After leaving Maccha Khola we follow the undulating trail, and cross the Thadok Khola flowing in a rocky ravine, before we reach Khorla Besi. After Khorla Besi the trail is fairly easy and follows small farmlands. Occasionally, we get very close to the Budi Gandaki River. We cross a landslip area and after few ups and downs we get to Tatopani, where there is a hot spring with two water spouts but no pool. It is a tiny settlement with a few shops selling refreshments. It is a very gentle climb after that. We cross the Budi Gandaki for the first time on a metal suspension bridge. The trail climbs up very gradually following marijuana and nettle fields growing wild. We climb up the stone stairs which is short but steep to get to Doban. We cross the Doban River and carry on heading up, keeping to the eastern bank of Budi Gandaki. We walk past small farm lands, occasionally crossing landslip sections, and reach Yaru where there are temporary huts with Gurung people selling tea and snacks. We camp by the riverside.
Day 7 : Ekle Bhatti (5,351')
We cross the Yaru River and traverse on the right bank of the Budi Gandaki. After a few ascents and descents on stone stairs we climb up steep stone stairs called Thado Bharyang. We get to Thulo Dhunga, which has a few shops. We cross the Budi Gandaki to the western bank. We make a steep ascent following the stone stairs. Look out for Langur monkeys, which are often seen harvesting the fruit in the trees. After following the river bank for some time we get to Jagat (4,593'.) which marks the entry to Manaslu Conservation Area. There is a tourist check point in the village. There are few lodges and shops in Jagat. We start traversing on a rocky wall and cross one of the rivers with a beautiful waterfall and then get to Salleri. There is a great view of Sringi Himal from here. After climbing up gently for a while we ascend steeply on a rocky wall following stone stairs. The trail then descends to Sirdibas with Buddhist monuments such as kani, chorten and mani walls. But the people here are still Gurungs who practice Buddhism and Hinduism side by side. Now we start following a wide valley and get to Ghatte Khola. We cross a side stream and go past a big land slip area, then climb up steeply to a picturesque Gurung village of Philim, which is the administrative centre of this region. We gradually descend through beautiful terraced farmland to reach our camp at Ekle Bhatti.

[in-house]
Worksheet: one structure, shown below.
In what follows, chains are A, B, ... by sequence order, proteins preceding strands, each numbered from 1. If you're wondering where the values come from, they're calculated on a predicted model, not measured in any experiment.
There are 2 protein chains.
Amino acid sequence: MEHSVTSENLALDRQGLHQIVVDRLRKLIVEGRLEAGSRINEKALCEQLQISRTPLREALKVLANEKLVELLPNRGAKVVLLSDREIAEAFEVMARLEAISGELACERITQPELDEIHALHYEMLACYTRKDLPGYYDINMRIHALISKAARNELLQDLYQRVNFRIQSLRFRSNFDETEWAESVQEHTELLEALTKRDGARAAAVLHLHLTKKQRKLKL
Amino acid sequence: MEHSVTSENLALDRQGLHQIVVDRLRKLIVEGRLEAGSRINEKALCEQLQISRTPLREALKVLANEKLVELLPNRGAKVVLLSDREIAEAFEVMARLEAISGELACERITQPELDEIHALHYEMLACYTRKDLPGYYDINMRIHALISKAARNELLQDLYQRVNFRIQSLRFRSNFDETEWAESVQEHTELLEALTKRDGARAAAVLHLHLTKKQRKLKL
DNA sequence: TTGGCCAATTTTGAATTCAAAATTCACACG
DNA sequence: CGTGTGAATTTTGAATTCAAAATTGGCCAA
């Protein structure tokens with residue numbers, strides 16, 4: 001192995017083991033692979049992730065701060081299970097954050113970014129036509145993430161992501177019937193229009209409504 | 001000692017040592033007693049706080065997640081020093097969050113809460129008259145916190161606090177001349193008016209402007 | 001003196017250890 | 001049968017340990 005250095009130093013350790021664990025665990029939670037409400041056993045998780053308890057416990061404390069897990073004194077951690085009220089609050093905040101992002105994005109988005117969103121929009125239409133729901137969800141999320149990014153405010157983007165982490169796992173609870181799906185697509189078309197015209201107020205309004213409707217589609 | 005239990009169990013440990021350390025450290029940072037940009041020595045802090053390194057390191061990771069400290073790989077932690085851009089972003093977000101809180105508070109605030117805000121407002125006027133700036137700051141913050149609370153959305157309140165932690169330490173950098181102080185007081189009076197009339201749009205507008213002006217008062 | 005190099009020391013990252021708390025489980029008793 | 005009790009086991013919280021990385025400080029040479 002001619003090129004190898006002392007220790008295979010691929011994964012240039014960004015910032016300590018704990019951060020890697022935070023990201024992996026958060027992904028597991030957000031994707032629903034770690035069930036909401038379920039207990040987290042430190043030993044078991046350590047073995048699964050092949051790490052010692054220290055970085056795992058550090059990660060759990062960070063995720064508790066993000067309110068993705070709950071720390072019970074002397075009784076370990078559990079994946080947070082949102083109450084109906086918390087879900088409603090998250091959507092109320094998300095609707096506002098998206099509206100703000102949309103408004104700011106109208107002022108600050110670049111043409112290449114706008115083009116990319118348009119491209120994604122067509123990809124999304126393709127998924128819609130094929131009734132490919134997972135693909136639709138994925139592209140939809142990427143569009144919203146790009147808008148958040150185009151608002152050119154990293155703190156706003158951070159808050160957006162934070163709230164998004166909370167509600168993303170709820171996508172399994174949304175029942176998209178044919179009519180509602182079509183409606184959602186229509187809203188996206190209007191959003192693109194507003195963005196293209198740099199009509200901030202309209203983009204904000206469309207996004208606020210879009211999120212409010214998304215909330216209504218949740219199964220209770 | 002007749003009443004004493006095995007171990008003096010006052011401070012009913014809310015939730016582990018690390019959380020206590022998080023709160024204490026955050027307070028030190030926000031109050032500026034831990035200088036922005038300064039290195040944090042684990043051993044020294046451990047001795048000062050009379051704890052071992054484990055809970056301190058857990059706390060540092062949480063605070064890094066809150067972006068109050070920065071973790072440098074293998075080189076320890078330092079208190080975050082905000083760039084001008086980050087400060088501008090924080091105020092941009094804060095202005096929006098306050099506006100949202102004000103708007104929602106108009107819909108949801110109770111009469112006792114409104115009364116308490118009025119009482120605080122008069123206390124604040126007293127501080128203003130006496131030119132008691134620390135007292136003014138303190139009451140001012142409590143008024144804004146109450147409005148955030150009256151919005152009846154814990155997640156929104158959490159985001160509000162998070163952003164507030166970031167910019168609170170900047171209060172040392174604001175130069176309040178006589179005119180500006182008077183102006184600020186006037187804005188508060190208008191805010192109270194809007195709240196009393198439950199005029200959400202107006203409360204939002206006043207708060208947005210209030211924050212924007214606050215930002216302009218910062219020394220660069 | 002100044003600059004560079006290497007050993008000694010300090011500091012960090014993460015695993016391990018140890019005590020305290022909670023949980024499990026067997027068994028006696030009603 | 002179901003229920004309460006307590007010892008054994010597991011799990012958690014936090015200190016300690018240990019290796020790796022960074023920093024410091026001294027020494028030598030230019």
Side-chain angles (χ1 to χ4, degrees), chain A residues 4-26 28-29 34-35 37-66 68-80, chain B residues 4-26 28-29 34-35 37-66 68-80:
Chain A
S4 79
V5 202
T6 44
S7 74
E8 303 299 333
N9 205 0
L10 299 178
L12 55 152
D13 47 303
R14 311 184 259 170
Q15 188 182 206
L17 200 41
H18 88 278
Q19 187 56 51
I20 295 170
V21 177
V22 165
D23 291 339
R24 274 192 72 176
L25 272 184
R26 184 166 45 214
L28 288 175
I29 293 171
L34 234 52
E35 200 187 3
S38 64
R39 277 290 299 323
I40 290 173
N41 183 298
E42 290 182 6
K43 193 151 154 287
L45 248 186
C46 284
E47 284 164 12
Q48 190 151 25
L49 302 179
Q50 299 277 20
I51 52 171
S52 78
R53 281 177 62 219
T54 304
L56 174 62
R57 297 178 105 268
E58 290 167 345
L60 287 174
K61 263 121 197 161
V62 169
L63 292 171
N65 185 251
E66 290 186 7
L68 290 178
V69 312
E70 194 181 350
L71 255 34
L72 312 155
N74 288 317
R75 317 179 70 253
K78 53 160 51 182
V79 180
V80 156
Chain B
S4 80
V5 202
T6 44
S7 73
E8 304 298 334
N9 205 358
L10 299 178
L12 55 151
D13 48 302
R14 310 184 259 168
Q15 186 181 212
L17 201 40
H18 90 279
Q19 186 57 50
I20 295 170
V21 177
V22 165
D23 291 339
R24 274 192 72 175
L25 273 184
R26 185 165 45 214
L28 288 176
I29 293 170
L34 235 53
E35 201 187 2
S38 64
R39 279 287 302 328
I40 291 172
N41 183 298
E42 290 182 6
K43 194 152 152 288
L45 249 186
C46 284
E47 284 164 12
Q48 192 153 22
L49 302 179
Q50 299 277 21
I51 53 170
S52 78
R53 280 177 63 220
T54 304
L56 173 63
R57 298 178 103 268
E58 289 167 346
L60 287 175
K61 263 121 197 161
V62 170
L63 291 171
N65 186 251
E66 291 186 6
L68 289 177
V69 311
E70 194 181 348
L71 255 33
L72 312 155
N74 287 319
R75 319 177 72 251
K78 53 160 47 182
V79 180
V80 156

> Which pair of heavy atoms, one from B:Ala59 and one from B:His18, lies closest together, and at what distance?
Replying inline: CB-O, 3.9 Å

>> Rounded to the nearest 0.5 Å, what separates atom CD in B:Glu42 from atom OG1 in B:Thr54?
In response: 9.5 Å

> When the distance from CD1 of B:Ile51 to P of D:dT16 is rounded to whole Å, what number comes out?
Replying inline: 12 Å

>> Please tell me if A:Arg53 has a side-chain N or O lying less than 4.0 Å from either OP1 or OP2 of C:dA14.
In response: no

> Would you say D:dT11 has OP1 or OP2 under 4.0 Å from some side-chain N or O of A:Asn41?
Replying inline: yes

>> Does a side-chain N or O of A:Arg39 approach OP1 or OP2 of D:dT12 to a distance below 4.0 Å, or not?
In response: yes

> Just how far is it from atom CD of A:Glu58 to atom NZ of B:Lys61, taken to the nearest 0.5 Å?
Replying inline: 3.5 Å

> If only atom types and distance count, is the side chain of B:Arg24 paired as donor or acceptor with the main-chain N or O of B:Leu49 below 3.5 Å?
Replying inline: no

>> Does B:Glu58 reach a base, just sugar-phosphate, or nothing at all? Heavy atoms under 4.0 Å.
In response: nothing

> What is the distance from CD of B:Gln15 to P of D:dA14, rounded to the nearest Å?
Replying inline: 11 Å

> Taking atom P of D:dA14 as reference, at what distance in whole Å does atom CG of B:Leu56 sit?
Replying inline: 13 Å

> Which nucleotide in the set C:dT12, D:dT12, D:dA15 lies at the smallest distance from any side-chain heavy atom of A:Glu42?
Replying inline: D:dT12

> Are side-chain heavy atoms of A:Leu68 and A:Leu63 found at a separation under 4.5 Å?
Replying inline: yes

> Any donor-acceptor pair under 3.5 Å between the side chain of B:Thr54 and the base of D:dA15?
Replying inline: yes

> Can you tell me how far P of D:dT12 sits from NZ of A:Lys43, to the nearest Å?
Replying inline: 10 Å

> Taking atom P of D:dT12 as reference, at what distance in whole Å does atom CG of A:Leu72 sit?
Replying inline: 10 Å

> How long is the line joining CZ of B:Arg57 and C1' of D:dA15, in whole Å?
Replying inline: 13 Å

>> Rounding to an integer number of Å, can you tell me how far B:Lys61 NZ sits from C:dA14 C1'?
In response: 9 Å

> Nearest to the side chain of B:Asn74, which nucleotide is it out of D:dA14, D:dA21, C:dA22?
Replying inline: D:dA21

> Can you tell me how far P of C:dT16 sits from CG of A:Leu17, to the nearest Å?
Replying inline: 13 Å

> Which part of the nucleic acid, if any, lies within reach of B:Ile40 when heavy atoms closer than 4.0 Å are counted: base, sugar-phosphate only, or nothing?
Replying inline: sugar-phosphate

Day 8 : Chumling (7,828')
As the trail descends we start noticing pine and rhododendron trees from now on. Far to the west, high above the opposite hillside, we see Manaslu which is one of the 8000 meter peaks. Very soon we will come to an intersection where the left trail leads to the Manaslu Circuit trek and we bear to the right towards the Tsum Valley. From this point we leave the Budi Gandaki and start following the Shyar Khola which originates from the glaciers of Ganesh Himal and Sringi Himal. We begin to ascend up a steep hill following pine and rhododendron forest. The trail levels off just a little before we reach Lokpa, which is the first village of the valley.
We set off heading downhill, gently following a well-marked trail through shrub land. Very soon we cross the Suchi Khola on a newly built metal suspension bridge and start heading downhill to the Sardi River and walk along the Sardi Gorge. Our trail takes us through a tranquil forest and to a small saddle offering a great view of Sringi Himal. We cross the Sardi River on a suspension bridge and follow the trail under a big rocky overhang cliff. There is a colorful Buddhist prayer carved on a rock on the other side of the river. We start climbing up steadily following a hill with a steep gradient. But the beautiful view of the snow-capped mountains and the lovely fragrance of the evergreen pine forests compensate for all our exertion. We start to notice more rhododendron trees and the trail levels off, too. It is fairly undulating from now on following the conifer and rhododendron forests called Ghumling. There are few side streams to be crossed on the way. After climbing up and down several times, we get to a small hut selling tea and snacks. The trail on the right leads to Ripchet and the left one to Chumling. We follow the latter. We cross the Shyar River and climb up a steep hillside to get to Chumling, where we spend a night.
Day 9 : Chhekam Paro (9,944')